The TV I watched when I was a kid was all the stuff that the Children’s Television Workshop was designed to combat: cartoon violence, constant advertisement, a totally un-diverse reality–ethnically and economically. And I turned out okay, right? I still love Warner Bros. cartoons, and much of the for-kids TV of my childhood (okay, I outgrew Romper Room in a hot minute, and no one I knew actually liked Bozo the Clown). I also lived in the sort of unsupervised TV household where I watched whatever was on TV when I wasn’t playing or reading or doing chores or whatever. I didn’t look at the TV I saw as a way to make sense of my world. And a lot of the TV I watched as a kid was not just non-diverse, but actively soaking in stereotypes. It says something that the first time I encountered something that registered as an effort at diversity was an ad campaign in New York City for Levy’s rye bread. It had its own issues with stereotyping (and it was totally in service of commerce), but it was about inclusion. And it had roughly the same effect on me as Sesame Street singing about the people in my neighborhood. Recognition and delight.
So not only did I miss Sesame Street (I was a teenager when the show premiered), but I was not the target audience. Until I had kids.
My older daughter, in particular (born in 1990) was a Sesame Street kid. Not only did she get to watch Sesame Street broadcast in the morning, but we had a slew of tapes for weekends and other “watch something” moments. And I became a convert. Up to that point I’d been, frankly, a little dubious about the show, which seemed so… slow, and unanarchic, and maybe a little pandering (both to the values of parents, and to the childishness of children). But that was because I had never seen Sesame Street.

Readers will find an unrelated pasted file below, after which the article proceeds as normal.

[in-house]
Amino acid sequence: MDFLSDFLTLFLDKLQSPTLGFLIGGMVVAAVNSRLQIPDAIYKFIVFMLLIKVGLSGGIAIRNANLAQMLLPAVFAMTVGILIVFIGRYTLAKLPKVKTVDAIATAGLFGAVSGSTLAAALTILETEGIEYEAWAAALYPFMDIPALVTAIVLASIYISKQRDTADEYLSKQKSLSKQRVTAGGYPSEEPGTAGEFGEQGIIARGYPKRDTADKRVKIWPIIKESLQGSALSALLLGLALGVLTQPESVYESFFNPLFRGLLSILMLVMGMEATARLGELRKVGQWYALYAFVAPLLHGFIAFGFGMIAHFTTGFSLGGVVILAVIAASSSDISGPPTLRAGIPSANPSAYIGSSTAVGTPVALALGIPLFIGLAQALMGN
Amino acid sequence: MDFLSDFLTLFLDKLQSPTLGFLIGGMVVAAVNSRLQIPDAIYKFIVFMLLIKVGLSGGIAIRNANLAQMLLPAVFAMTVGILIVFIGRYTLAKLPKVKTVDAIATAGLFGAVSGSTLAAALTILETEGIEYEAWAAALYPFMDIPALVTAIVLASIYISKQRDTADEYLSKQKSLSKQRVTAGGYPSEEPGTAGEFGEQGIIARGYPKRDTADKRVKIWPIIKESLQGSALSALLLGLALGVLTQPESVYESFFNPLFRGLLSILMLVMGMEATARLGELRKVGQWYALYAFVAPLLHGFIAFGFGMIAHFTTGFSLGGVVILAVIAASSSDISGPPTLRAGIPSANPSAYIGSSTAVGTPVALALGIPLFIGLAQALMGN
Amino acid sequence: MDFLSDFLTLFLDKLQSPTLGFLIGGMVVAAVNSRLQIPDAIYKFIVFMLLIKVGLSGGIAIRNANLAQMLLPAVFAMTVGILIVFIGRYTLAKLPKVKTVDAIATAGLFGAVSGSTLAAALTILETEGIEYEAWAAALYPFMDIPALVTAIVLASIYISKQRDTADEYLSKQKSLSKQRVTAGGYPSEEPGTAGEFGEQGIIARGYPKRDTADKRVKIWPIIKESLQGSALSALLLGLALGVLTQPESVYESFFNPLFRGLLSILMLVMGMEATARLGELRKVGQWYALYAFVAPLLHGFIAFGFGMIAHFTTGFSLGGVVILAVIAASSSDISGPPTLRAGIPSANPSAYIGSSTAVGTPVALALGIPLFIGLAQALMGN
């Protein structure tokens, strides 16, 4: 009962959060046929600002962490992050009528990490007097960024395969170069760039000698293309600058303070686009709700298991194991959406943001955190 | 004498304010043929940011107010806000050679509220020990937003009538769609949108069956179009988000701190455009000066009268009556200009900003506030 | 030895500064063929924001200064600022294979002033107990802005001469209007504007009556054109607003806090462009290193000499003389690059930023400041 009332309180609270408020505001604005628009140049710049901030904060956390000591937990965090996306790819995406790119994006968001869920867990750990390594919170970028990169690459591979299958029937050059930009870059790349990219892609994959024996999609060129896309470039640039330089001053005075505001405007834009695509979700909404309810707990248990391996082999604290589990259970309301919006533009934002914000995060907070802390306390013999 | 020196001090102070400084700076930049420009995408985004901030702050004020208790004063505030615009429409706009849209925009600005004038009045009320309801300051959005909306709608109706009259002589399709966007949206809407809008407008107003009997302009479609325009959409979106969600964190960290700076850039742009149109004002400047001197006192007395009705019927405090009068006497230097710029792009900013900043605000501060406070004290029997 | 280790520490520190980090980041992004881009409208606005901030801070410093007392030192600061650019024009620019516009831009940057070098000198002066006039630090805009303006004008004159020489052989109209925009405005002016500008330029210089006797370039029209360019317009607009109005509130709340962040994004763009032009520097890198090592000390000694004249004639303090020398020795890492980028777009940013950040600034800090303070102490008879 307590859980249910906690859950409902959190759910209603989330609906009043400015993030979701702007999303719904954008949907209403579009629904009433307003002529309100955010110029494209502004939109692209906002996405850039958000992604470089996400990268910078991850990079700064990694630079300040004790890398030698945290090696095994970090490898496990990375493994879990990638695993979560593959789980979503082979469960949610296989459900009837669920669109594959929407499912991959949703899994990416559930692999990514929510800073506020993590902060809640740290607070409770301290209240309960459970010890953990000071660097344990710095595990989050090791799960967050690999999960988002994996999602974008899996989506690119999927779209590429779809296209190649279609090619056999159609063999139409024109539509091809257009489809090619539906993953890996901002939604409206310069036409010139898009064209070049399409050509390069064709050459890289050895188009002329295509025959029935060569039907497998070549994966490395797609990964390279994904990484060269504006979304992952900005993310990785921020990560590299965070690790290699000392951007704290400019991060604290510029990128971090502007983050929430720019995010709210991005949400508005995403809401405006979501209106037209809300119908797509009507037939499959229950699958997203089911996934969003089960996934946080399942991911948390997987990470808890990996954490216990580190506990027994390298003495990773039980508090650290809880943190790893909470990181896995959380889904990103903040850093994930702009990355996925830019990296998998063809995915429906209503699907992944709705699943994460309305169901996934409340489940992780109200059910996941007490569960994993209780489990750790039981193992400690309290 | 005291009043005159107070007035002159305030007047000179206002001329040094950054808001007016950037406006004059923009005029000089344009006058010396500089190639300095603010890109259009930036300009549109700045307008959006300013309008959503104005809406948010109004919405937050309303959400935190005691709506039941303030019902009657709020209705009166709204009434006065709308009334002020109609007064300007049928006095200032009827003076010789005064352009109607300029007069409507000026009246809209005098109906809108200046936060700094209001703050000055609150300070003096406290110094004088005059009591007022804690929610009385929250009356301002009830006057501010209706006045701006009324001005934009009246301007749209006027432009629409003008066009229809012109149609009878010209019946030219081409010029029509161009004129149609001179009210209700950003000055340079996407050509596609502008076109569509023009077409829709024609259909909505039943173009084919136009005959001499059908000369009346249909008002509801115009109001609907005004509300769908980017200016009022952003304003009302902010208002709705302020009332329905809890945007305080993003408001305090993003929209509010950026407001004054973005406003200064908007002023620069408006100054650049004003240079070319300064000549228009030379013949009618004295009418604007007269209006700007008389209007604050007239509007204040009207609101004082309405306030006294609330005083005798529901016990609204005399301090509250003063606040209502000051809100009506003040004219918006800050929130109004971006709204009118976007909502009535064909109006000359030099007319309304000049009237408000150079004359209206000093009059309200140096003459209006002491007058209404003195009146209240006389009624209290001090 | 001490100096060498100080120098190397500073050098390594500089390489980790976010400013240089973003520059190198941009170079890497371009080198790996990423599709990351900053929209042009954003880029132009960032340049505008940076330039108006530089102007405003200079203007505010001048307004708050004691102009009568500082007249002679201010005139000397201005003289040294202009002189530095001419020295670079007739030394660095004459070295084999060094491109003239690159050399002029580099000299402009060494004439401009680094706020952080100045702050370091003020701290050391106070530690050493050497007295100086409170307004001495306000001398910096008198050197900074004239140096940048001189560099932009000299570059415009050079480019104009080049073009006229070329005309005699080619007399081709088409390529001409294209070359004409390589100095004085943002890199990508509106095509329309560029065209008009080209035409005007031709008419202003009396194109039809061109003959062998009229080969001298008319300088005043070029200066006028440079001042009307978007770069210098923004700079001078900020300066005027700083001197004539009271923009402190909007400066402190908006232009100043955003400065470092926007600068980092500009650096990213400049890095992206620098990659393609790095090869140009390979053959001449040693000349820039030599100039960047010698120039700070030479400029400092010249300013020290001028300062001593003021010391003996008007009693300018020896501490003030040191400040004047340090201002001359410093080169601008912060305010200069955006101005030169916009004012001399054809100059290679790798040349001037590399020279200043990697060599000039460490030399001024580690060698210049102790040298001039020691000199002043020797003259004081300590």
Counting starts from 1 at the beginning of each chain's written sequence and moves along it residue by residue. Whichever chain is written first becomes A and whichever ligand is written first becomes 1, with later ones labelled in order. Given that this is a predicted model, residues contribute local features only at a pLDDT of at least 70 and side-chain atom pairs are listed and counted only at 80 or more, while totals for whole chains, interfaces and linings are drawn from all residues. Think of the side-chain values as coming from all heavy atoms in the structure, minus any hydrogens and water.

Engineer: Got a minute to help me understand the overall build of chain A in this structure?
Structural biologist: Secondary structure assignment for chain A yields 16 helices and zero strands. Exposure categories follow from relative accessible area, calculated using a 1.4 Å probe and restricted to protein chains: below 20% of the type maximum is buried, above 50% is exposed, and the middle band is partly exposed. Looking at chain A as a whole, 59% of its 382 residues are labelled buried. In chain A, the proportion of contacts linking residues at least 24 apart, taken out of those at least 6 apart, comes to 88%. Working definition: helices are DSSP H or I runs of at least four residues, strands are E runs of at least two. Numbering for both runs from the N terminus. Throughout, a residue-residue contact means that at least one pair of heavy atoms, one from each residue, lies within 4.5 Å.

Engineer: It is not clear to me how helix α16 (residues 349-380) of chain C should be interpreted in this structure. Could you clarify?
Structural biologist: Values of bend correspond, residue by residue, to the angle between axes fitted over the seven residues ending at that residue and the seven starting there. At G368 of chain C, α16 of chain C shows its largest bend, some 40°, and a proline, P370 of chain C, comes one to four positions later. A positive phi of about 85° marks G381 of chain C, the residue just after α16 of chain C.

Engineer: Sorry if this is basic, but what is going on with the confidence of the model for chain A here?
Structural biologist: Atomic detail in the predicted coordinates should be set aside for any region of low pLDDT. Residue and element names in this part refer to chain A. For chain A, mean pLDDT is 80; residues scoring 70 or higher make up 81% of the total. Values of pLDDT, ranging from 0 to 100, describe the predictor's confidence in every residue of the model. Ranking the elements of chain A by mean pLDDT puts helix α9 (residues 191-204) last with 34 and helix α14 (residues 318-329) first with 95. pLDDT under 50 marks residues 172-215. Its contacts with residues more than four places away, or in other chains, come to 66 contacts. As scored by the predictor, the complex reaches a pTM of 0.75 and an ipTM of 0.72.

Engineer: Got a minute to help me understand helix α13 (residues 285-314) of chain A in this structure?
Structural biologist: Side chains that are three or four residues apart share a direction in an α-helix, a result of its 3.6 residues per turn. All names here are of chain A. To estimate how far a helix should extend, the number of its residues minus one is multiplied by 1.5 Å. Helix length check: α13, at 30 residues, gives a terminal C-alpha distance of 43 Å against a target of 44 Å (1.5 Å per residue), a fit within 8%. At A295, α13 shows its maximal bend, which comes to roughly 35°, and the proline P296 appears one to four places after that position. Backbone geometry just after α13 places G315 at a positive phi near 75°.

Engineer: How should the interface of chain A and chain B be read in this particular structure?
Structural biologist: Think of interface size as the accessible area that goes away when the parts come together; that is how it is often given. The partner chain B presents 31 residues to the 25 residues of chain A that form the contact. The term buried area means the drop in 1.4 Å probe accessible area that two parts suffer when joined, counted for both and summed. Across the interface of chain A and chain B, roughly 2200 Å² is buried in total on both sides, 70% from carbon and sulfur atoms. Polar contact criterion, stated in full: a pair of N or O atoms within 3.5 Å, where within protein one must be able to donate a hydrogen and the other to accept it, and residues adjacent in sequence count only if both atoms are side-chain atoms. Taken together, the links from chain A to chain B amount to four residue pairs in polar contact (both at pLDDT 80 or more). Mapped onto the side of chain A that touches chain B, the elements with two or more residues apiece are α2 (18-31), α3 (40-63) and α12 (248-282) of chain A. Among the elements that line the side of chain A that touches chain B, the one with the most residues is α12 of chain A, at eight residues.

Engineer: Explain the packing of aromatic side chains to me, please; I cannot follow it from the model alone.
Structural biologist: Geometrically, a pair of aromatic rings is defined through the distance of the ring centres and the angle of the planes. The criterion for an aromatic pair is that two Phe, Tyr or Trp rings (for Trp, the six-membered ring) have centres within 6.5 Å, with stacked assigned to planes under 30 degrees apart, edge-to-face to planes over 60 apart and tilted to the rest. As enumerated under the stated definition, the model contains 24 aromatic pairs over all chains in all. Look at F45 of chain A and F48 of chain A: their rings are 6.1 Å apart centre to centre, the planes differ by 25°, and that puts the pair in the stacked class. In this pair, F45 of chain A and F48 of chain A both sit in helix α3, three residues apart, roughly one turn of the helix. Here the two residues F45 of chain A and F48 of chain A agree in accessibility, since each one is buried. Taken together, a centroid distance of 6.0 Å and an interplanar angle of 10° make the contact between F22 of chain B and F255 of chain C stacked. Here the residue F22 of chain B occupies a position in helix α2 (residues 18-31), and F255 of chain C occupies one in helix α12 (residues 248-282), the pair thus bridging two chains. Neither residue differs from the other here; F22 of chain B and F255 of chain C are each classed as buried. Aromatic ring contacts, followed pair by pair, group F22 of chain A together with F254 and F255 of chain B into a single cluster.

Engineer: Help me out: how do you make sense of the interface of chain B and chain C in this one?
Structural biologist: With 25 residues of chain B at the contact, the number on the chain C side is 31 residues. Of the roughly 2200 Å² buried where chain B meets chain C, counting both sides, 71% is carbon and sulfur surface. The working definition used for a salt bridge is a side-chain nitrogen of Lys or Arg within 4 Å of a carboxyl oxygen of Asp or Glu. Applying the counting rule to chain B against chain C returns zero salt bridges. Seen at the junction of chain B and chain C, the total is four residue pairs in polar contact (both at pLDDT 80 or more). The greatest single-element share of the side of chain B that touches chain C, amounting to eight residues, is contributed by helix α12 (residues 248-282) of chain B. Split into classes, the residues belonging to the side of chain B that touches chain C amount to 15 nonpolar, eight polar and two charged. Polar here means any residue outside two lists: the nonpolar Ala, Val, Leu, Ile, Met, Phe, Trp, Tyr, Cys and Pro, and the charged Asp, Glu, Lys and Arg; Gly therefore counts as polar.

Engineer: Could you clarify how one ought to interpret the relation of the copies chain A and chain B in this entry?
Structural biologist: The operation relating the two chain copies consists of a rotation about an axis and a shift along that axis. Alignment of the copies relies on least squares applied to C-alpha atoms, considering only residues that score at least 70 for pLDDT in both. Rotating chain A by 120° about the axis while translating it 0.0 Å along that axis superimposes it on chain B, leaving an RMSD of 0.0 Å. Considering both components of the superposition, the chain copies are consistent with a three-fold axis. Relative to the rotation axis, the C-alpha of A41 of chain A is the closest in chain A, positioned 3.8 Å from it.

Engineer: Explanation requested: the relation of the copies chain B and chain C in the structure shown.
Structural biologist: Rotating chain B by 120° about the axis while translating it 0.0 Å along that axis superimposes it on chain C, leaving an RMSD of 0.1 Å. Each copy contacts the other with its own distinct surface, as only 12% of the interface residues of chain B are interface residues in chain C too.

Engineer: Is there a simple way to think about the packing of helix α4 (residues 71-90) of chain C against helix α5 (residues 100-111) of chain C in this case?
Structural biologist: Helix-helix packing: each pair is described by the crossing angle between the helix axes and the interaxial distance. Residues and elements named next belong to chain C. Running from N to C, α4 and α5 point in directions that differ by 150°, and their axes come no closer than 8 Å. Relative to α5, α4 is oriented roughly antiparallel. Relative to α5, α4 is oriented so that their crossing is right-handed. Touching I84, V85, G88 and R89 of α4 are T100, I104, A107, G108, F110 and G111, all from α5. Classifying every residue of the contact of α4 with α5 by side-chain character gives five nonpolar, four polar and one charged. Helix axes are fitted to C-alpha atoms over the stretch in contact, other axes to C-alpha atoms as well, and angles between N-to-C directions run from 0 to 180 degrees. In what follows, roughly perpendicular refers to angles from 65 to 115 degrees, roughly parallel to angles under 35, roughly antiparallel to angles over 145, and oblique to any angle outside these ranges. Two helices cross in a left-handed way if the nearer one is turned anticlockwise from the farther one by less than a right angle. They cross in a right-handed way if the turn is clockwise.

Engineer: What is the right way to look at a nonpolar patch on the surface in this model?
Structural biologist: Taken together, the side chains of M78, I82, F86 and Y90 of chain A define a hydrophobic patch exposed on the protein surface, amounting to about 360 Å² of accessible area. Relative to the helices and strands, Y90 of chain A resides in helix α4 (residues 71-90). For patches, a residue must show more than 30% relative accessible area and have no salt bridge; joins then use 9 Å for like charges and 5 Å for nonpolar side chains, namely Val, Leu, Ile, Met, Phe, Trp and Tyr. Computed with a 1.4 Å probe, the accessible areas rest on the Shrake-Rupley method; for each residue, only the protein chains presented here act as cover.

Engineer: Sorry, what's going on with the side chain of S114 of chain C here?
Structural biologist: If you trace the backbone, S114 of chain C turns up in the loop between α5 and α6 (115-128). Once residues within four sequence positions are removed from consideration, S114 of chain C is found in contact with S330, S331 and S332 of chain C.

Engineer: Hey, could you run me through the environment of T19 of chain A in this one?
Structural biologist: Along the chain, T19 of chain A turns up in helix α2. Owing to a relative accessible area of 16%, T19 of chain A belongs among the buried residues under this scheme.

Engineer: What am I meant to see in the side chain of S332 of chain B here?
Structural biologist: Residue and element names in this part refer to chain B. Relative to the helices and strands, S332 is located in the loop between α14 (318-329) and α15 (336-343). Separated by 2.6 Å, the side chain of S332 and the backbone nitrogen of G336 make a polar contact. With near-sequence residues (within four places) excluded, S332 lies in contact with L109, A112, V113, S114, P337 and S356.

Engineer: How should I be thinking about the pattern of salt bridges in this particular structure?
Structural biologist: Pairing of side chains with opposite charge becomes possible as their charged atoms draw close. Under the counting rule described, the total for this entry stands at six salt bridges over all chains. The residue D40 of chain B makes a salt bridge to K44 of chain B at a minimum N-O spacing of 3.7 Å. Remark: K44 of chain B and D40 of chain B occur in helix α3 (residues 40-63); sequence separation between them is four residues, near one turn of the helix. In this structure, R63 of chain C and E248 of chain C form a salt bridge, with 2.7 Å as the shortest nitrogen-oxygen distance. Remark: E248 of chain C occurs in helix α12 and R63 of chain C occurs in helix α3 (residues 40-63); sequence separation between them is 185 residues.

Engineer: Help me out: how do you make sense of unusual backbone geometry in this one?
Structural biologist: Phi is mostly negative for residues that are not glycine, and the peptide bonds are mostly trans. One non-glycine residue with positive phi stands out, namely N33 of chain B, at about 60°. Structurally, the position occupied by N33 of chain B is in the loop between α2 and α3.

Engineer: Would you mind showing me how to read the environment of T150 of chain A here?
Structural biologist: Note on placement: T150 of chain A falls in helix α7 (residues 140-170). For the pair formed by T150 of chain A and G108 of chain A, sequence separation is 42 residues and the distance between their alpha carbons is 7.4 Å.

I was working at Tor Books at the time my daughter was a Sesame Street kid, and my co-worker Claire (whose son was born about a year after my daughter) would meet up every morning and sync Sesame Street ear-worms. Once you’ve heard “Put Down the Duckie” or “Ladybug’s Picnic” a couple of times it gets knit into your DNA. And I had had no idea the breadth of genres that the Street embraced, musically, from a Fred-and-Ginger style number about how to say Hello in Spanish (“Hola!“) to the Alphabet sung by Ladysmith Black Mambazo. And the parodies of every TV show, film, and broadway musical (Big Bird deciding not to migrate, lip syncing to Lin Manual Miranda!). And every performer and athlete and even Supreme Court Justices dropping by in the service of teaching about words and numbers and life. Funny and smart and way more far-roaming than I had ever imagined.
Sesame Street was created to solve problems that my kids never had: poverty, literacy, exclusion. But it was one of the forces that made them kinder, more inclusive, more generous people. The song “Who Are the People In Your Neighborhood” included teachers, elevator operators, doctors, mechanics–basically anyone and everyone. For a while my younger daughter, in particular, took to looking at everyone we encountered, trying to suss out who they might be. And in pre-school this led to her being a “poor person” when her class was role-playing People in the Neighborhood. Aside from her own empathic nature, I credit Sesame Street with making her look at all the people that she encountered with a sharper eye.
Sesame Street turned 50 this year, and is a recipient at the Kennedy Honors. Given that Ronald Grump once attempted to demolish Sesame Street to build a new Grump Tower, that may be considered a triumph of art over commerce. I don’t see the need for Sesame Street diminishing any time soon, alas. And I’m very glad indeed that it’s here with us.